[Hpn] Bloomington, IN - Homeless shelter plans put on hold - Pantagraph
Publsihing - July 18, 2002
H. C. Covington
H. C. Covington" <firstname.lastname@example.org
Sat, 20 Jul 2002 20:36:32 -0500
Homeless shelter plans put on hold
Salvation Army completing study
By Karen Hansen - Pantagraph Publsihing - July 18, 2002
BLOOMINGTON, IN -- The Salvation Army has delayed plans for a new homeless
shelter and shelved a second proposal to modify its current Safe Harbor shelter.
Salvation Army Maj. James Beardsley said the need for homeless housing may be
greater than initially anticipated last winter, when his agency announced plans
for a new, $1.4 million shelter.
The facility would be built on land the Salvation Army owns at Jefferson and Oak
streets, a few blocks from the current Safe Harbor shelter, 212 N. Roosevelt
Ave. in Bloomington
As a result, the Salvation Army has postponed the kickoff of a capital campaign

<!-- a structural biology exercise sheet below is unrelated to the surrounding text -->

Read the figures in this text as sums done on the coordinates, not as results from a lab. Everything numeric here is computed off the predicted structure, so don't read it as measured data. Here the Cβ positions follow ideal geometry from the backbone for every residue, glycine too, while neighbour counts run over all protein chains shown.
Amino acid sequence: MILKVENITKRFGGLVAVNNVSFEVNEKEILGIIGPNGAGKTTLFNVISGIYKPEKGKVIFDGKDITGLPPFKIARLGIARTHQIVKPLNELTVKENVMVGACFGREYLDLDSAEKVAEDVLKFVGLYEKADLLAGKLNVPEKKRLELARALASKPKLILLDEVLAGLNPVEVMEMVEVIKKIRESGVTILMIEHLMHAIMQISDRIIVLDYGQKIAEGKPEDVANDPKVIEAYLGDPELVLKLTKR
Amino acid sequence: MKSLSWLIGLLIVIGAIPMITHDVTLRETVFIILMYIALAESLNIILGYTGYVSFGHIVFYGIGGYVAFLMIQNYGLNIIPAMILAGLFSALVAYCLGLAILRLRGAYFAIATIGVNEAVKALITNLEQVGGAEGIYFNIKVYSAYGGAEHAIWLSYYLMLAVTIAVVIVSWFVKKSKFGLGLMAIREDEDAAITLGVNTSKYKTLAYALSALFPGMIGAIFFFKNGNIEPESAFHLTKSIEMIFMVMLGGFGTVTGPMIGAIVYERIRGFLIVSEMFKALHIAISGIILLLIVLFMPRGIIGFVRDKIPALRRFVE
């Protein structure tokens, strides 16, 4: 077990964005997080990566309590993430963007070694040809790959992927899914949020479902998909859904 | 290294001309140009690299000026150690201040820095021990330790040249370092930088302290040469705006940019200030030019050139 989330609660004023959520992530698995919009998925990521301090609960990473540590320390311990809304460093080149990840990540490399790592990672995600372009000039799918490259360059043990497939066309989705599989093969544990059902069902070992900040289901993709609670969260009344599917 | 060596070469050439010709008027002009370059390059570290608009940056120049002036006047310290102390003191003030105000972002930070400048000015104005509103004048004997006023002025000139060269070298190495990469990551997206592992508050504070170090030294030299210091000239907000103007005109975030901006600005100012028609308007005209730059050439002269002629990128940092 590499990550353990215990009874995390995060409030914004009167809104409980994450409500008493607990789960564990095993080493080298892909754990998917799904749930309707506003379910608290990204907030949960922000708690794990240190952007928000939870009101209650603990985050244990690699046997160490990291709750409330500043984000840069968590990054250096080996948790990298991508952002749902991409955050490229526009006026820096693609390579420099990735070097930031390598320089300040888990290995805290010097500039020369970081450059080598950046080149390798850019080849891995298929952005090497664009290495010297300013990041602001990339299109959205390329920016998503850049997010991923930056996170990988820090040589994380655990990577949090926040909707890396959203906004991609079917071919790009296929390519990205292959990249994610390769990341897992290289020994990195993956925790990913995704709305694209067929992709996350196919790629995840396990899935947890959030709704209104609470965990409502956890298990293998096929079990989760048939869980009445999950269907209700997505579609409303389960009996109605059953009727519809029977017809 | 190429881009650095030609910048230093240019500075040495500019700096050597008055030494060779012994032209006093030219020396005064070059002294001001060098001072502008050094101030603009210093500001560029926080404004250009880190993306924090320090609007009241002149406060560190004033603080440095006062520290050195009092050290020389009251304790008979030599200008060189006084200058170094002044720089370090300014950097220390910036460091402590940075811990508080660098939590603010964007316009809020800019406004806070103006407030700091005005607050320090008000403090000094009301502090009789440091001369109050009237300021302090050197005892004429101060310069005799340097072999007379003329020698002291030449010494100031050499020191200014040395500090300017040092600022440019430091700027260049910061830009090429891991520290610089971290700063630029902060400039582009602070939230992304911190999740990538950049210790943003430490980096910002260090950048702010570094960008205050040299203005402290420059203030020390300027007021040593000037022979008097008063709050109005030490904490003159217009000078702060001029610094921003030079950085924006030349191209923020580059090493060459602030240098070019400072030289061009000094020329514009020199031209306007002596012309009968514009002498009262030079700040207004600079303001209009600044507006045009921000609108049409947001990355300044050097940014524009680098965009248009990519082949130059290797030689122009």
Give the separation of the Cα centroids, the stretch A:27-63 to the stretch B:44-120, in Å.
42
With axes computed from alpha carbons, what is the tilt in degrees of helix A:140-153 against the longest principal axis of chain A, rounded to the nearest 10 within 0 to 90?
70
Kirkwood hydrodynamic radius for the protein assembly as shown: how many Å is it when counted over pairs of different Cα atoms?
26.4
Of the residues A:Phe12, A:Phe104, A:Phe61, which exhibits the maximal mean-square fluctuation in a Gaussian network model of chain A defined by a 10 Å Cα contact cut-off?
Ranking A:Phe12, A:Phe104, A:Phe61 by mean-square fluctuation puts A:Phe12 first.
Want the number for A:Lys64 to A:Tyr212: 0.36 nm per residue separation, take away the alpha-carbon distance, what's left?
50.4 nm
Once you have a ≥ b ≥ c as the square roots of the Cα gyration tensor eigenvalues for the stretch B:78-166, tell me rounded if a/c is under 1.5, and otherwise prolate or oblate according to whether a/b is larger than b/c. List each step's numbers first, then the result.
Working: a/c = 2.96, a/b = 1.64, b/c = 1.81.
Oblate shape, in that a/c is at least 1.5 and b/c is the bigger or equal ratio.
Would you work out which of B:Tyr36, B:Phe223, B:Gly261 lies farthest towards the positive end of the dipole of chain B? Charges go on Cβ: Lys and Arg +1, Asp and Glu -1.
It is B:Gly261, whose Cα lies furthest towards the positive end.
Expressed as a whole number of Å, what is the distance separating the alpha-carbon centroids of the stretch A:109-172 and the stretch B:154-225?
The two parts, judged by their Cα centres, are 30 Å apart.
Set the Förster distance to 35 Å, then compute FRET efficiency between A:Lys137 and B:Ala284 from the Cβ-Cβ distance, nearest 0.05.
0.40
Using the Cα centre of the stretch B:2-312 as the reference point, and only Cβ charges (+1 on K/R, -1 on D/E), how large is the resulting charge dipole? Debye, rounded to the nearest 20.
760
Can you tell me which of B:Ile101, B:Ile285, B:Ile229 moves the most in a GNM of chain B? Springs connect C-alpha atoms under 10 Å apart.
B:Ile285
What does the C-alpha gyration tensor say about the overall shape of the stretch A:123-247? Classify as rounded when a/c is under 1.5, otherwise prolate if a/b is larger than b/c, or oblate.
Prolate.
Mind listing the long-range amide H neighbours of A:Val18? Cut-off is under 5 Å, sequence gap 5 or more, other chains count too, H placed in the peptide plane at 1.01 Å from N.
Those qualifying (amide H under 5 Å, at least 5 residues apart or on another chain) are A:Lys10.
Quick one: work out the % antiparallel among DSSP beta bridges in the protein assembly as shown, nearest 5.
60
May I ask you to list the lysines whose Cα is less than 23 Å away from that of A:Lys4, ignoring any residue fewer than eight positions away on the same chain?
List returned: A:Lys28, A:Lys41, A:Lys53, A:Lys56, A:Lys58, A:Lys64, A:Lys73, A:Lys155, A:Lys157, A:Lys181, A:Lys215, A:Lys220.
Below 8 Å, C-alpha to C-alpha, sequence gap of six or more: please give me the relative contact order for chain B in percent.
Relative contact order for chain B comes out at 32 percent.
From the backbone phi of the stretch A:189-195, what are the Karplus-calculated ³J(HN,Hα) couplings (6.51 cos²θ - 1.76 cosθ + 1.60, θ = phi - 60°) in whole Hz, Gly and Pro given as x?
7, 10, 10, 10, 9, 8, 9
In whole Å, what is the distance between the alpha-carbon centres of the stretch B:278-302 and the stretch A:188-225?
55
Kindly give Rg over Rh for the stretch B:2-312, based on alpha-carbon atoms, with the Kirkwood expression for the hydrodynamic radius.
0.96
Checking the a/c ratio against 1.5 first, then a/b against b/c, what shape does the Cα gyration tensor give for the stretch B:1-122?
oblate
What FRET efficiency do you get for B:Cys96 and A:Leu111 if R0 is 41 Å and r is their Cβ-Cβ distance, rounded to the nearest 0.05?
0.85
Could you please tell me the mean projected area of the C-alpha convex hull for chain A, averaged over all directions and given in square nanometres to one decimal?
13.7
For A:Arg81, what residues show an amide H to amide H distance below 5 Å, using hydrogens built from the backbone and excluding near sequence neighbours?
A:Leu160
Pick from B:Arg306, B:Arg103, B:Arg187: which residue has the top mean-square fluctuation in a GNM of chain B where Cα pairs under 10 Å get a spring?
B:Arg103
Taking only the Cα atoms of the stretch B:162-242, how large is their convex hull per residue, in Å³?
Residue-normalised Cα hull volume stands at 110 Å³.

set for this fall until an Illinois State University research unit completes a
study of long-term homeless needs.
Following that, plans will be finalized and fund raising could begin early next
The study, likely to begin next month, will provide the agency with a "good
picture of the size of shelter we need," Beardsley said. "We don't want to have
to go through this five or 10 years from now."
Initial plans for the new shelter called for a facility with space for 30 to 50
men, 12 to 17 women and three private rooms for families of three to six each.
Beardsley said a new shelter may need to house 100 or more people if it is to
meet future needs.
Safe Harbor currently has space for 40 men and 12 women.
The Salvation Army had also hoped to make some modifications this summer to Safe
Harbor that would have allowed it to provide housing for homeless families.
The facility has not regularly housed parents and children since January 2001,
primarily because of safety and security concerns.
Officials were unable to resolve those problems sufficiently, however.
The organization was reluctant to sink too much money in a facility that could
be replaced in a short time.
"We just couldn't overcome all the problems within the current facility,"
Beardsley said. "There's just too many nooks and crannies. We'd just hate for a
child to be hurt."
H. C. [Sonny] Covington, Editor
Homeless and Housing News